Screenshot: Dividing cells show both normal cell division, in which duplicated chromosomes (red) segregate neatly into two daughter cells, and complications resulting from a broken chromosome / Sullivan Lab, UC Santa Cruz

Cellular safeguards exist to maintain the integrity of the chromosomes during cell growth and division, however, in some cases they can fail and a cell may find itself trying to divide into two daughter cells with a loose chromosomal fragment drifting away from a broken one.

The potential consequences involved include cell death or a cancerous cell growing out of control. William Sullivan, a professor of molecular, cell and developmental biology at UC Santa Cruz, despite calling this a “worst case scenario”, has found that the cell is actually able to rescue itself from the broken chromosome.

Sullivan’s lab findings, published in the 5 June issue of Journal of Cell Biology, reveals new aspects of a remarkable mechanism that carries broken chromosomes through the process of cell division so that they can be repaired and function normally in the daughter cells. Sullivan has been studying this process in the fruit fly Drosophila melanogaster. His lab has created a strain of flies in which broken chromosomes are common due to the expression of a DNA-cutting enzyme.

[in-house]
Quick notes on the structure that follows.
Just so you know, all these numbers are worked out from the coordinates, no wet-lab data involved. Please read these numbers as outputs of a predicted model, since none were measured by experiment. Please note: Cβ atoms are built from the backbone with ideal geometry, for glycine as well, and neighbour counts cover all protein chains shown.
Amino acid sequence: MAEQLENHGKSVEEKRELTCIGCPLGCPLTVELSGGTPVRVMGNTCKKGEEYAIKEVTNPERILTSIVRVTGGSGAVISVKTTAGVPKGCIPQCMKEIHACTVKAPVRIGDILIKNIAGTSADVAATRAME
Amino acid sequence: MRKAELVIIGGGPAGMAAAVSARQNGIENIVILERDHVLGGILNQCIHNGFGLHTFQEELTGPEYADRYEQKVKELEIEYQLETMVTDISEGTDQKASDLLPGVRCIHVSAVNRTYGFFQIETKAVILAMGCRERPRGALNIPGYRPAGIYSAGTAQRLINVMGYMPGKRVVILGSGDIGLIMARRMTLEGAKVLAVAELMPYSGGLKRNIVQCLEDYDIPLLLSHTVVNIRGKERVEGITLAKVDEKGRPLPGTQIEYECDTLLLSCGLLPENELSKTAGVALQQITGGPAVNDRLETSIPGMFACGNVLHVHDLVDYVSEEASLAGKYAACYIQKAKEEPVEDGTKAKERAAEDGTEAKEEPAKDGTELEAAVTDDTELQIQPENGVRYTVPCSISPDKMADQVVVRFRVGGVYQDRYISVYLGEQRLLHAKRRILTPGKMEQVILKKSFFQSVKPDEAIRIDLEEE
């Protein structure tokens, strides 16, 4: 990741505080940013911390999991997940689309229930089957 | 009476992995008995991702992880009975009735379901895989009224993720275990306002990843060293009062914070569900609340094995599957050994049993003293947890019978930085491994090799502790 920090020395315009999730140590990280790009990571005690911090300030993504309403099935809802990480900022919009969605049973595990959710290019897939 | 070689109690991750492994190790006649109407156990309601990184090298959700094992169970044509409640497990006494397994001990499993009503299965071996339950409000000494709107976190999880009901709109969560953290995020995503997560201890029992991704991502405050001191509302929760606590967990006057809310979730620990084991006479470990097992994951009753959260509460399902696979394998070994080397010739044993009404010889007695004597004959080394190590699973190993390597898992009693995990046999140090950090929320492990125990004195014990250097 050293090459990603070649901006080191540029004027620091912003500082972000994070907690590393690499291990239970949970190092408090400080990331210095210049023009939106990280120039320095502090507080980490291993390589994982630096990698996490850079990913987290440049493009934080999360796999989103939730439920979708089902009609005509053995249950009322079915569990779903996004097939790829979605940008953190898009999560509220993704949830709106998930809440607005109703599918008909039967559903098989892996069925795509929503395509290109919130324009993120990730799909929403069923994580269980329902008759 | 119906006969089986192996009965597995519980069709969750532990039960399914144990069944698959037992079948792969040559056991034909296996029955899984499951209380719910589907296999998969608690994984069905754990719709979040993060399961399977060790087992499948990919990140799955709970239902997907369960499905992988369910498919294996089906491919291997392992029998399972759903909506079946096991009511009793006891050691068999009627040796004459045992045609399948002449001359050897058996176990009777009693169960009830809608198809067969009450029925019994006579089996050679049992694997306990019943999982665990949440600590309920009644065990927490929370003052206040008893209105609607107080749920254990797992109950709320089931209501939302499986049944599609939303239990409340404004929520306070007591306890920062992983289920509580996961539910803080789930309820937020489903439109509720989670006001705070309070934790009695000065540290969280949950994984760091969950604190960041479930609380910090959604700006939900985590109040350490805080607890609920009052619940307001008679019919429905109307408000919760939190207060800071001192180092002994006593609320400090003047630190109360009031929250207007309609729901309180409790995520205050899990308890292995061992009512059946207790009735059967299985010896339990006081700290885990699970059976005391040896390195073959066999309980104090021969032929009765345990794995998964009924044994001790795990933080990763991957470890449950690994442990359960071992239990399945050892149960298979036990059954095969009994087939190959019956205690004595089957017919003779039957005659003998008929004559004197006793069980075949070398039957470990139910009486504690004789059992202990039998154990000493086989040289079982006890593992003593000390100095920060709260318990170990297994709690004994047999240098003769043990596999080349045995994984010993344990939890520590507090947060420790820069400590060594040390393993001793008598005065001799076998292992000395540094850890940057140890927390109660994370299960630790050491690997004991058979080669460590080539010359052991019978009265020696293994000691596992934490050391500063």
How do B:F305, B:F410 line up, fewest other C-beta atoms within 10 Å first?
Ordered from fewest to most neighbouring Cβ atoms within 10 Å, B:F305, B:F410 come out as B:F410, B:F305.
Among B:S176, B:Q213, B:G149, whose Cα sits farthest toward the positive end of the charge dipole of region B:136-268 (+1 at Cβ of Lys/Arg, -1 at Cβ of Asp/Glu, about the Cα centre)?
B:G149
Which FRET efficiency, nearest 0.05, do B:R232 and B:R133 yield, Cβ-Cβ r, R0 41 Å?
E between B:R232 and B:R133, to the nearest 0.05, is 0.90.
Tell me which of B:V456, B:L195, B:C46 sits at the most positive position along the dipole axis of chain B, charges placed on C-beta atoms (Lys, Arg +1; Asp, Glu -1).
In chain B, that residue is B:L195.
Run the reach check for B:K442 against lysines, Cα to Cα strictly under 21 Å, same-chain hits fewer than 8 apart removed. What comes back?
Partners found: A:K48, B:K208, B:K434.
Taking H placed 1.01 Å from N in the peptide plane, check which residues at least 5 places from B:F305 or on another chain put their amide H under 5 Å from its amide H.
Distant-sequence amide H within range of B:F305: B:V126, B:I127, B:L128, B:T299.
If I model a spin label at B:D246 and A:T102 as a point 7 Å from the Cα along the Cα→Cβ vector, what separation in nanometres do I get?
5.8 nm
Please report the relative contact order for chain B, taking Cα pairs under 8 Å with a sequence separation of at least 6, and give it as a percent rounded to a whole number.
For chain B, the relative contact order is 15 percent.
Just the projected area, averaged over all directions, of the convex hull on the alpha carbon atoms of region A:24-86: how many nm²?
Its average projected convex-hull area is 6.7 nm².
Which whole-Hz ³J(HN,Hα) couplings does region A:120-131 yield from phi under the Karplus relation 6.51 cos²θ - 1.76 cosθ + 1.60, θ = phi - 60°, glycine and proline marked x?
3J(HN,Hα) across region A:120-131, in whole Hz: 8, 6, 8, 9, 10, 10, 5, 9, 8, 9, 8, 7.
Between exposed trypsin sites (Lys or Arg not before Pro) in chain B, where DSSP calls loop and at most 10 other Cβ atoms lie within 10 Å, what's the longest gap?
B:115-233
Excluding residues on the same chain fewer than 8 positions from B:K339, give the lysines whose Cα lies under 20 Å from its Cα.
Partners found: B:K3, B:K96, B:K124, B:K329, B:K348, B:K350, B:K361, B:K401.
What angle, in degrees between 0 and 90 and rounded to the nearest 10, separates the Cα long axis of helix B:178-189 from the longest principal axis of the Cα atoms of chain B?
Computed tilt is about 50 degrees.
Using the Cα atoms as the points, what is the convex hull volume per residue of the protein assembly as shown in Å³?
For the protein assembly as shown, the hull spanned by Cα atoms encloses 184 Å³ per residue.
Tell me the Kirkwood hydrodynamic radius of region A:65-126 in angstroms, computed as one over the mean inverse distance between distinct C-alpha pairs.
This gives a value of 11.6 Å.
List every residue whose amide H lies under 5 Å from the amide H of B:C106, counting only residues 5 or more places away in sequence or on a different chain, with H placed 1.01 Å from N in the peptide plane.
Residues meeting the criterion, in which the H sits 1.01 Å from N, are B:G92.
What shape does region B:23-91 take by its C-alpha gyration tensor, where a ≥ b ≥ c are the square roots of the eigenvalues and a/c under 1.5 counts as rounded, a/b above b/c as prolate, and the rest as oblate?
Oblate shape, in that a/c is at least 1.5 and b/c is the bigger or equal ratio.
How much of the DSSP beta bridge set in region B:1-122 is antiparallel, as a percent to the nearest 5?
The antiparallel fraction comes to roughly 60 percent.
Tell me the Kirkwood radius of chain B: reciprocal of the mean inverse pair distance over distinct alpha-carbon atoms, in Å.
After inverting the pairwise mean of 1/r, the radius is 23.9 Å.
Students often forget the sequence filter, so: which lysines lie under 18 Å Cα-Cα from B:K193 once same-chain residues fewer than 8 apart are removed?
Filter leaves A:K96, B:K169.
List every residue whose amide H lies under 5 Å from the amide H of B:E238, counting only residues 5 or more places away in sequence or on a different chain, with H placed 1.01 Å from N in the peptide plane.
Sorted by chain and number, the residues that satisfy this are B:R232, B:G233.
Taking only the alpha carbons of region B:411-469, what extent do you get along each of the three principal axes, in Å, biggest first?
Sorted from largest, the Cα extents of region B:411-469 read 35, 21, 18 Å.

He explained, “We have flies in which 80% of the cells have double-strand breaks in the DNA, and the flies are fine. The cell has this amazing mechanism, like a Hail Mary pass with time running out.”

The mechanism involves the creation of a DNA tether which acts as a lifeline to keep the broken fragment connected to the chromosome. Powerful new microscopy techniques enable researchers to observe the whole process in living cells, with bright fluorescent tags highlighting the chromosomes and other cellular components.

When a cell divides, it duplicates its chromosomes to make one set for each of the daughter cells. The membrane around the nucleus, which keeps the chromosomes separate from the rest of the cell, breaks down. The two sets of chromosomes then line up and segregate to opposite sides of the cell, pulled apart by a structure of microtubules called the spindle. A new nuclear envelope forms around each set of chromosomes and new cell membranes separate the two daughter cells.

Additionally, Sullivan’s research has shown that chromosome fragments don’t segregate with the rest of chromosomes, but get pulled in later just before the newly forming nuclear membrane closes. “The DNA tether seems to keep the nuclear envelope from closing, and then the chromosome fragment just glides right in at the last moment,” he said.

If this mechanism fails, however, and the chromosome fragment gets left outside the nucleus, the consequences are dire. The fragment forms a “micronucleus” with its own membrane and becomes prone to extensive rearrangements of its genetic material, which can then be reincorporated into chromosomes during the next cell division. Micronuclei and genetic rearrangements are commonly seen in cancer cells.

“We want to understand the mechanism that keeps that from happening,” Sullivan said. “We are currently identifying genes responsible for generating the DNA tether, which could be promising novel targets for the next generation of cancer therapies.”

Sullivan has just received a new four-year, $1.5 million grant from the National Institute of General Medical Sciences to continue this research.

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